Blast kills eight, wounds many at Philippine mall

A bomb explosion in an upscale shopping mall in the Philippine capital, Manila, on Friday killed eight people and wounded more than 100, police and local officials said.

Police initially suspected the blast in the Makati business district was caused by an exploding cooking-gas cylinder in a restaurant, but police sources later said they found traces of plastic explosives at the site.

The sources, who spoke on condition of anonymity, said the bomb was apparently left near a cellphone repair shop in Glorietta, a sprawling three-storey complex of department stores, high-end fashion boutiques, restaurants, other shops and cinemas.

A general alert was issued for the rest of the city and for the international airport, officials said. A meeting of the National Security Council was called for later in the day.

There were no immediate claims of responsibility.

”Circumstances indicate it is highly probable that it was caused by an explosive device,” President Gloria Macapagal Arroyo said in an address on local television. ”We assure everyone that a full-blown investigation is now under way.”

She said eight people were killed and 70 wounded, but hospital sources and the Red Cross later put the number of wounded at more than 100. Many of them were hit by flying shards of glass from shattered shop windows.


The blast, which occurred during lunch-hour, spread panic in the city of 12-million people, which has in the past been the scene of attacks by Muslim separatist rebels.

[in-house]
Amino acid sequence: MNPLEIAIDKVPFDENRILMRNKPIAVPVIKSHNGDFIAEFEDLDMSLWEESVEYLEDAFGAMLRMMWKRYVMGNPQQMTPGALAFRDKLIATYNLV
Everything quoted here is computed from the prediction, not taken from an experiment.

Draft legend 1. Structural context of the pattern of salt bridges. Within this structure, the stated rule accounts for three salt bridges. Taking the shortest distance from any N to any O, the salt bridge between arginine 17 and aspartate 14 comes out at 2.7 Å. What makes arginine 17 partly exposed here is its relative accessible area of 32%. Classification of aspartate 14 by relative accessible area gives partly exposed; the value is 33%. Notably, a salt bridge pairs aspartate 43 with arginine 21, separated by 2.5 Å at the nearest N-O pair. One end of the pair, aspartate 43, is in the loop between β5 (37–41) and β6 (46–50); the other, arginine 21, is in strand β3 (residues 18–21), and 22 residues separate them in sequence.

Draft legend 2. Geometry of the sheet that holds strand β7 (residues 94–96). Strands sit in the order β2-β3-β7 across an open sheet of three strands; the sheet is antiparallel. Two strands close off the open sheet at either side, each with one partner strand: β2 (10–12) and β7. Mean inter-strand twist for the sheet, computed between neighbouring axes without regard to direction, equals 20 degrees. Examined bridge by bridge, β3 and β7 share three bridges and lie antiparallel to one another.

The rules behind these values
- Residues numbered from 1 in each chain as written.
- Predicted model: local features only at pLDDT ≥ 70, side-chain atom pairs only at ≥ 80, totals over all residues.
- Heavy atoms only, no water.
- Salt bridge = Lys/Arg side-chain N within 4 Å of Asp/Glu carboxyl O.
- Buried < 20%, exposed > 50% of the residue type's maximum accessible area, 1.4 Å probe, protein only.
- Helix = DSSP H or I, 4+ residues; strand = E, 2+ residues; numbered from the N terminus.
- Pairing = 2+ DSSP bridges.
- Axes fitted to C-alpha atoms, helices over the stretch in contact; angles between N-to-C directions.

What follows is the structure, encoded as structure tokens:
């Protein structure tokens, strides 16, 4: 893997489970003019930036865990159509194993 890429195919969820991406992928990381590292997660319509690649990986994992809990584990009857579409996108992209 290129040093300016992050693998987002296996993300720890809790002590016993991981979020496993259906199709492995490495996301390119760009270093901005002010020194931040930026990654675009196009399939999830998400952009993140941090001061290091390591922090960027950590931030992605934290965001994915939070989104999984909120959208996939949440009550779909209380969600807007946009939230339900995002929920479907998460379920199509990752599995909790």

Ambulances and police were quickly at the scene, which was cordoned off. Wounded, some of them bloodied, were brought out on stretchers.

Blocks of cement had fallen from an upper storey of the shopping mall, hitting cars parked below and spreading a film of dust. Scores of windows in nearby shops were shattered.

Charlie Nepomuceno, an employee at the Glorietta mall, said the powerful explosion appeared to have centred on an escalator that was near the cellphone repair shop.

”It left a deep crater at the foot of the escalator,” he said. ”It also ripped open the roof of the building. I saw a man thrown on to the roof who had lost a leg.”

He said a badly mangled body of a woman was near the escalator.

Manila has largely been spared a spate of bomb attacks by Muslim rebels that has plagued the southern Mindanao region, but it has been hit in the past. A series of bomb blasts in 2000 killed at least 22 people.

In February 2004, more than 100 people were killed when a bomb planted by Abu Sayyaf rebels sank a ferry near Manila Bay, the country’s worst terrorist attack. — Reuters

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